Community Girls' School Excites Parents
Fr. Mujule in white leads stakeholders on a tour of the school.

Community Girls' School Excites Parents

Studying without the disturbance of men.

By Gerald Businge
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First published: November 23, 2005

Eureka! That is the sigh of relief many parents in Muhorro are expressing about St. Margaret Mary Muhorro Girls’ Secondary School, which opened two years ago.

“Now our daughters can go to school and we are confident they will study without the disturbance of men,” says one parent who preferred anonymity.

Why, you may ask. Many parents who have brought their girls to study in this growing township of Muhorro will admit to you about their disappointment with educating their girl children. Not because the girls don’t perform well in class. The booming economic actives in Muhorro have brought many men to the town that have found pleasure in young girls studying in the day schools in Muhorro.

Scores of parents have been sending girls to schools in Muhorro only for the girls to return pregnant; with poor grades because of being distracted by men who offered them money and incentives their parents couldn’t afford or worse to be told they got married.

It is this situation that forced parents, religious leaders and businessmen here to put up a school that will avert the worrying situation and ensure that as many girls go to secondary school and complete their studies-through establishing a girls boarding school.

When the meetings started in 2001, the focus also turned to forming a school that would inspire girls to learn and give them a good study environment and opportunities.

“The parish council of Muhorro Catholic Parish, decided to offer land and buildings for use of the new girls school. We began the school on 4th Feb 2002 with the registration of 170 students in S1, 2 and 3. The students are mainly coming from Kibaale and Kyenjojo districts .The Catholic Church together with the local community here and the Muhorro town business community have worked hand in hand to support the education of the girl child in the area,” reveals Father Michael Christopher Mujule Akiiki, the school founder.

Fr. Mujule, an educationist who had served as a Rector and head teacher of St John Bosco Seminary, Hoima and St. Adolf SS had been burning with the idea of starting a girl’s school in the area as a way of promoting girl child education.

“The idea is to give good secondary education to the rural girls and to enable the girls get woman leadership skills for their now and especially for their future,” says Fr. Mujule.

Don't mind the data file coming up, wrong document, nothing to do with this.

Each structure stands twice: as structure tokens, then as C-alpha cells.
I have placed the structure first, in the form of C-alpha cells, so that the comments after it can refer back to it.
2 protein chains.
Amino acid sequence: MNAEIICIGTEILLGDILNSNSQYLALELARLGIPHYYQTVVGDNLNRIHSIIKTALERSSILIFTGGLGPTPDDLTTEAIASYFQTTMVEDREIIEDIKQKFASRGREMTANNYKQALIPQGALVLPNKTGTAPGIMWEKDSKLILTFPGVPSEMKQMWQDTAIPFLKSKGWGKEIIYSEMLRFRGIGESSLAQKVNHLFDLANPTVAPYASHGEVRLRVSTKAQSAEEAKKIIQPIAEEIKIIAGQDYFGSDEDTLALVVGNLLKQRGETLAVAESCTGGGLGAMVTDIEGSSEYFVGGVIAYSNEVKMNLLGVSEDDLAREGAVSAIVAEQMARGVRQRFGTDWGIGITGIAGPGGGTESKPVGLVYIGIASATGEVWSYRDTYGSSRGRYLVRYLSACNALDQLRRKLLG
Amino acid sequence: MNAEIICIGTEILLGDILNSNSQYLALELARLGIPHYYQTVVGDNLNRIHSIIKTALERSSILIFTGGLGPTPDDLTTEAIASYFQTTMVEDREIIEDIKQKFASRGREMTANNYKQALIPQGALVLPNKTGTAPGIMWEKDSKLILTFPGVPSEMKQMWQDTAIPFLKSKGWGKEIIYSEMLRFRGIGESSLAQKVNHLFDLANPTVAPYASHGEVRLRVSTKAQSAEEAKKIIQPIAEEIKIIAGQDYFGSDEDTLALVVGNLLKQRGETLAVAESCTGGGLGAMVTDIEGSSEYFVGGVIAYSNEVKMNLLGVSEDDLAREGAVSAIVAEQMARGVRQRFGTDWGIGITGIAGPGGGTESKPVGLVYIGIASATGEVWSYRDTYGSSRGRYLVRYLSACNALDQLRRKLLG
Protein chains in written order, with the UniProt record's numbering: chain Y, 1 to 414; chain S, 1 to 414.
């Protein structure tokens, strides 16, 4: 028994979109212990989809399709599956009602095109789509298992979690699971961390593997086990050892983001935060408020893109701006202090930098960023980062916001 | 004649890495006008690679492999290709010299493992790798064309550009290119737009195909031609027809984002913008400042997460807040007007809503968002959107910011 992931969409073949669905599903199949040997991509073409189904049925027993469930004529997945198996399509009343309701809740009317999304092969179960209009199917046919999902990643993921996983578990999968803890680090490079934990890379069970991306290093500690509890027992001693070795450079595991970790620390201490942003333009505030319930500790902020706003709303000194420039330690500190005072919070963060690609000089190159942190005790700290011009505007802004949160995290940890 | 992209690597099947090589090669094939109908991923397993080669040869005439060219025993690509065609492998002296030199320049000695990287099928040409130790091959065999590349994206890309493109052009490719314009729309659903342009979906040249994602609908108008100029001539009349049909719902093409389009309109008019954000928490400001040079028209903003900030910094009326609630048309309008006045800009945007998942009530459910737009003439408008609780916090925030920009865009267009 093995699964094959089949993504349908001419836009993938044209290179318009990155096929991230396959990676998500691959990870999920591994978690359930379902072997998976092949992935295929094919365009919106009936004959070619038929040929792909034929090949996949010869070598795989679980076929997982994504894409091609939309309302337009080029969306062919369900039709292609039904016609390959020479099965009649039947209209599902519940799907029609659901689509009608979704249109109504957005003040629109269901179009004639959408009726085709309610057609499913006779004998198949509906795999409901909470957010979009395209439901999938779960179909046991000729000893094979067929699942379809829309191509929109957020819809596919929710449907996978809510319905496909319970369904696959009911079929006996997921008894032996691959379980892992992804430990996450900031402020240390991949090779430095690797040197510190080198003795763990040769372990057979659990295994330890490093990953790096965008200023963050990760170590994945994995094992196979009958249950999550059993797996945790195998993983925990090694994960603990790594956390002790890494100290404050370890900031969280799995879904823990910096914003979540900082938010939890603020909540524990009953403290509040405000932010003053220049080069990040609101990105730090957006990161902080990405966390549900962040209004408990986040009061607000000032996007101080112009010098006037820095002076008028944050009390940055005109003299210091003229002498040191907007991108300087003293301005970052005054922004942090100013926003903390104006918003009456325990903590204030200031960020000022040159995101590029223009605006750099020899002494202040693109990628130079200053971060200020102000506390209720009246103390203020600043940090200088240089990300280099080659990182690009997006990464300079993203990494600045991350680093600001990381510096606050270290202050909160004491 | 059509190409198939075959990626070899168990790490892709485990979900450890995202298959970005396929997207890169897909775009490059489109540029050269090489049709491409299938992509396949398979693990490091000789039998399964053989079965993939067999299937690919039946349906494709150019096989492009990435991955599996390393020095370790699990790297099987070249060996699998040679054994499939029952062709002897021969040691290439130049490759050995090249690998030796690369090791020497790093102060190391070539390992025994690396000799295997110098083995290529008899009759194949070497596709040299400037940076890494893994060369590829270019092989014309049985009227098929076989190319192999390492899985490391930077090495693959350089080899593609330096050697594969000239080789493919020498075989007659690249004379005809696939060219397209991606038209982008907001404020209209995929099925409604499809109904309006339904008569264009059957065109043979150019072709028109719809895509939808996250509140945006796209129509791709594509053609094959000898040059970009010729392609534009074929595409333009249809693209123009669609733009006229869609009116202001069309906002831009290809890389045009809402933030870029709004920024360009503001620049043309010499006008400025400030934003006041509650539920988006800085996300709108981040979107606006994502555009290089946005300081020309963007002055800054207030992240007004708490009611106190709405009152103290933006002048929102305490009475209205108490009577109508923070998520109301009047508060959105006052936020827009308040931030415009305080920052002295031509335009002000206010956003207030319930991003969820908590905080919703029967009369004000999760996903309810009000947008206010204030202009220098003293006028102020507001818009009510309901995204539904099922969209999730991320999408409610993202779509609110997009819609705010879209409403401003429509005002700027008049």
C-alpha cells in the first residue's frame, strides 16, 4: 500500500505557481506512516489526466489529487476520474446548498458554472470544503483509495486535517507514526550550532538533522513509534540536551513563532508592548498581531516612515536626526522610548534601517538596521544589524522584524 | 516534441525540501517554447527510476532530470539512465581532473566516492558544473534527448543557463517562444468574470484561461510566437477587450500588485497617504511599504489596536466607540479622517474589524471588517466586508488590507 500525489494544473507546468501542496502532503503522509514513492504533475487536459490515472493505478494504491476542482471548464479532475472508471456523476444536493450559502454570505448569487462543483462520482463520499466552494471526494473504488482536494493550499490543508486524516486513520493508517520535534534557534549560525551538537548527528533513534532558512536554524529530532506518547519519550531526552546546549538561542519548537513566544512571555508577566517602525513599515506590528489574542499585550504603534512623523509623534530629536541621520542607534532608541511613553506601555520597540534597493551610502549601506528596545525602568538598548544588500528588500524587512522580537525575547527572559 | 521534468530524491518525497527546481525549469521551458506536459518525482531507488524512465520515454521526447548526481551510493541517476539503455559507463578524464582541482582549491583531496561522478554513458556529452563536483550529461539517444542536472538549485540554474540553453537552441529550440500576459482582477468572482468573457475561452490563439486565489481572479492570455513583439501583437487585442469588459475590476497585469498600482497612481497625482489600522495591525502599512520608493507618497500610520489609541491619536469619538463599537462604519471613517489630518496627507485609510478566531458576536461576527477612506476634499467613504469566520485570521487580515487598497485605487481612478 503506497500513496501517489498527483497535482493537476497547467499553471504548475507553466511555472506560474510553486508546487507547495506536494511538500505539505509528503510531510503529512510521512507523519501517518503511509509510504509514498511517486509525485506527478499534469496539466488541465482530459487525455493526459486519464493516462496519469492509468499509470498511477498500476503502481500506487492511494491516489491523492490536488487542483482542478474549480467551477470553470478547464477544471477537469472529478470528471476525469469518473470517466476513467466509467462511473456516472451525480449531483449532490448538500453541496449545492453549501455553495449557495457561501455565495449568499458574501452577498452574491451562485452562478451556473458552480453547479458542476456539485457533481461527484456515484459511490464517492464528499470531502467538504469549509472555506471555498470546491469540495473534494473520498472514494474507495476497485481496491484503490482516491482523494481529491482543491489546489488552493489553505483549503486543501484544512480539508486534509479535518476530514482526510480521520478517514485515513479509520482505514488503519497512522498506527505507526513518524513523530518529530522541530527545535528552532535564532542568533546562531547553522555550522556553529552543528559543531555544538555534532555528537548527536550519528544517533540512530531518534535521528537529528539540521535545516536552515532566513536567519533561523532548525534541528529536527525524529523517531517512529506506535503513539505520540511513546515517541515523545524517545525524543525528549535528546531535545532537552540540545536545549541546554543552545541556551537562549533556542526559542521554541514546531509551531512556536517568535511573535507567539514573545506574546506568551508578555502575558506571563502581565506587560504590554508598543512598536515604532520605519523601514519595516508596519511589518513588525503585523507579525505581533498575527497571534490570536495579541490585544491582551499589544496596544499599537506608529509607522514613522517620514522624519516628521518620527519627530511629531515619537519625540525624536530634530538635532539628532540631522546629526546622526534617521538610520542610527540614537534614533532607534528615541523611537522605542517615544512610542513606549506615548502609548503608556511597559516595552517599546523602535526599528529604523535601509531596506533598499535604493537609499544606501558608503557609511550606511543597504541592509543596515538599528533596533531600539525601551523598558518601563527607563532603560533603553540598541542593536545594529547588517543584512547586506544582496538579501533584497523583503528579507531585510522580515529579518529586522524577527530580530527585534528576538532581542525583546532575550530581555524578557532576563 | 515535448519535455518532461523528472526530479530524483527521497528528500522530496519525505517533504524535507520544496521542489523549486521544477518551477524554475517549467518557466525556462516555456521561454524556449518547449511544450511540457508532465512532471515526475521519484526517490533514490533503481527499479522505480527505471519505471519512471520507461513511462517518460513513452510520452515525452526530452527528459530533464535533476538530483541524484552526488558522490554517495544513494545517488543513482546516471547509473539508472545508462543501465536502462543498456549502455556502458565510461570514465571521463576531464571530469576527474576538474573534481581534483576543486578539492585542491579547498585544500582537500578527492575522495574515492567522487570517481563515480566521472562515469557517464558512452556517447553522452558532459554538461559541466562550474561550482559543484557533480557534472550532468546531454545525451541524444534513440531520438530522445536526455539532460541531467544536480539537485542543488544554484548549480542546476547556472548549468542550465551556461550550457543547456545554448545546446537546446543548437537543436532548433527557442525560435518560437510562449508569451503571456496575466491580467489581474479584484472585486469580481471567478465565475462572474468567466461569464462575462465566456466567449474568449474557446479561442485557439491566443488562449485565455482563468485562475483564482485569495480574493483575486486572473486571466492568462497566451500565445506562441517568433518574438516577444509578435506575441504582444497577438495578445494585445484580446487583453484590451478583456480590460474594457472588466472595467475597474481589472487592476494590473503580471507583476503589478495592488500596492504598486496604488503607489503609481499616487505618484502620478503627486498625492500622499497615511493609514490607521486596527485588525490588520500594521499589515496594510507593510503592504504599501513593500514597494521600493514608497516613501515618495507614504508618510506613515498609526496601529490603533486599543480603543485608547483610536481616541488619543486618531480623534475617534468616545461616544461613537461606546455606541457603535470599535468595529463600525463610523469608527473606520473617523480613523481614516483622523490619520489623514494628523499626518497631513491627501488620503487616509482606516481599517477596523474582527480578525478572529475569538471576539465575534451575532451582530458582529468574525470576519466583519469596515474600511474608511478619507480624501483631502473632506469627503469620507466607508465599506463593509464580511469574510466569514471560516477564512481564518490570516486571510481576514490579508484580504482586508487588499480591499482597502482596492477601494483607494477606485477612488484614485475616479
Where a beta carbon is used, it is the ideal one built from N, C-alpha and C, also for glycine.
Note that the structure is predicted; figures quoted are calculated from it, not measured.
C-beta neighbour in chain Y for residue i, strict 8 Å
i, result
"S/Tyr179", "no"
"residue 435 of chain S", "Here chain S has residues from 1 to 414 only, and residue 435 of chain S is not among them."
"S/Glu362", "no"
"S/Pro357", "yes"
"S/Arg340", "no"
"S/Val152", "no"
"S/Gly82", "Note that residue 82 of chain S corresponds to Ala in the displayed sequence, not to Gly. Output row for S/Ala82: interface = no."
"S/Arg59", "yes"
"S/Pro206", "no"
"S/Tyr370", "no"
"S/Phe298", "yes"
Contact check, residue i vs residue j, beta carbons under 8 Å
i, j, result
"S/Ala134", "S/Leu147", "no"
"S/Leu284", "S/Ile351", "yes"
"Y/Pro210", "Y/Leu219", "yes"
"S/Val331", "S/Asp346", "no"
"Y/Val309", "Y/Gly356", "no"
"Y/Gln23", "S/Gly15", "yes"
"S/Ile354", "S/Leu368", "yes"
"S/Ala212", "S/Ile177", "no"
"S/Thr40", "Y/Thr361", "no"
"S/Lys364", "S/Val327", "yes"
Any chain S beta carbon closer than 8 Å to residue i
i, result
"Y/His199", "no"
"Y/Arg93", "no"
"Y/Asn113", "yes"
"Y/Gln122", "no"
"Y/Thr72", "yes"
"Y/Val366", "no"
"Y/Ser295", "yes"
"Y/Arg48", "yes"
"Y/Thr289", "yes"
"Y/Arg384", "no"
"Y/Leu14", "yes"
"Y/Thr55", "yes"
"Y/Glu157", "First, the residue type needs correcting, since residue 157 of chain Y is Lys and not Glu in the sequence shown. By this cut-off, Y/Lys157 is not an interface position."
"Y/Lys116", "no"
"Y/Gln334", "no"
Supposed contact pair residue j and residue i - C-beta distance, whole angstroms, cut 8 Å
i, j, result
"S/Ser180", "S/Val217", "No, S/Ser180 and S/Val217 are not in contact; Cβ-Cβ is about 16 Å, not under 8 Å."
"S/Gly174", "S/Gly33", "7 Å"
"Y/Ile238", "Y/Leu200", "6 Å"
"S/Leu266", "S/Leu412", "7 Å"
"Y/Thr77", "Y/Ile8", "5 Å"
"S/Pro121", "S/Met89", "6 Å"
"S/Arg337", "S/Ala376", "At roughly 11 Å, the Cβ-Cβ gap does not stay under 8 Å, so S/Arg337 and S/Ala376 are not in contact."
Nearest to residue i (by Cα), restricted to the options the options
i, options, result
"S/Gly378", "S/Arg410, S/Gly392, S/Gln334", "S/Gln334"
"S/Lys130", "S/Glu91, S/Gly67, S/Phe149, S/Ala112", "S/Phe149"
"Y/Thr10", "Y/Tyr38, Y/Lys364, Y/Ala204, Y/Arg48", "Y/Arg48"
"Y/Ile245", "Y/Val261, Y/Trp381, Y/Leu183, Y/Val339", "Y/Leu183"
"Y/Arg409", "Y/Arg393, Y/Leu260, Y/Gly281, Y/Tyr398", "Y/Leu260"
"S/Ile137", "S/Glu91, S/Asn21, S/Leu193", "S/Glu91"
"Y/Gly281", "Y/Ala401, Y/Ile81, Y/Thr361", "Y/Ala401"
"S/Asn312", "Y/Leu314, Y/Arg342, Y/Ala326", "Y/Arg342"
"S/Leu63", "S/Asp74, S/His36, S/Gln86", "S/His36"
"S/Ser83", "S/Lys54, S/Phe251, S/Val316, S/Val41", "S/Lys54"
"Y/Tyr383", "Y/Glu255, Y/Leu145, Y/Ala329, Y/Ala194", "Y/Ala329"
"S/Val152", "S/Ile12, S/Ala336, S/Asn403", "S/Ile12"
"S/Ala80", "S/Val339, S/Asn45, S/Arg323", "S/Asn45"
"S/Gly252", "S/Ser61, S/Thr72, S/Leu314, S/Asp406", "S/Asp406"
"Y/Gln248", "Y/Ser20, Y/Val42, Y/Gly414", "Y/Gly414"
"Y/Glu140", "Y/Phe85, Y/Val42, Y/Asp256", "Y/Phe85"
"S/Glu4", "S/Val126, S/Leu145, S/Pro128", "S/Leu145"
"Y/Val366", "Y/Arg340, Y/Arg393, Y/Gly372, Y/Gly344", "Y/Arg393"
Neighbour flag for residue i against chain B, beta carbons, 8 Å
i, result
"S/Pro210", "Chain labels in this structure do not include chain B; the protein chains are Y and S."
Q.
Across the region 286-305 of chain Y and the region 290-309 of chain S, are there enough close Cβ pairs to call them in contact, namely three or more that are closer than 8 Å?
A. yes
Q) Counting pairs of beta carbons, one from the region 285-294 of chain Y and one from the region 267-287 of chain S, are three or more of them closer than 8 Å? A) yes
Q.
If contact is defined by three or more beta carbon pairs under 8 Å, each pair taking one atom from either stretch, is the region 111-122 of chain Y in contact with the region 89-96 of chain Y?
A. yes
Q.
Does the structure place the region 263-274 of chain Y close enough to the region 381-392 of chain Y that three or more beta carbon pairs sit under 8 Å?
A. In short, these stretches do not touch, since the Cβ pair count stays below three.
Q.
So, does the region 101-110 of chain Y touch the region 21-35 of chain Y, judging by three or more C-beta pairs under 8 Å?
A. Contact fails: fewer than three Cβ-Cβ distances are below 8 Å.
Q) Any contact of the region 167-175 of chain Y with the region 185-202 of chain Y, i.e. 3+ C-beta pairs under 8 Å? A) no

But how could this kind of education be offered in Muhorro where most parents are poor? “Even though we had no sponsorship, we had to ask the students very little money so that we fulfill our mission of making sure they access quality education. The boarders pay 100,000 shillings only where as the day students pay 40,000 shillings. It’s not easy but we have a strong team of dedicated teachers and other staff,” says Mujule who is also the head teacher.

The school now has a girl’s hostel catering for 90 boarding students and the 50 are day students coming from their homes.

Performance is however one thing the two year-old school has to deal with. In their first attempt to sit the Senior four UNEB exams of November 2003 they had no student in Division one, only three in division two and 11 in division four. Not a bad performance though being a rural area and in a district which got only 16 first grade students.

Class performance is not the main challenge for Fr. Mujule. “Many girls in rural areas have a problem of lack of self confidence and expression. We want to develop the girls wholesomely. We hope that by putting the girls together in this school we are able to provide the girls a good environment to grow their talents. There is a lot to do – it’s a humble beginning but the future is surely bright for the school,” he says.

Bengna Mukibi, the Public service minister in charge of pensions commends and supports the school’s girl child education program and encourages parents to send more students to the school.

“As a sub county, we are so grateful to have a girls school. It is keeping my youths busy and studying,” says Agaba Albert Villey Zaidi, youth Councilor, Muhorro Sub County.

The school has even attracted the eye of many people including government, which has agreed to give it a grant as per next year’s draft budget.

The League for Catholic Women has assisted by putting up a hostel and the US embassy in Kampala has assisted to put up solar light system to enable the girls to have night studying. All the reasons for parents here to smile.

By Gerald Businge
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First published: November 23, 2005
Gerald Businge works for Ultimate Media.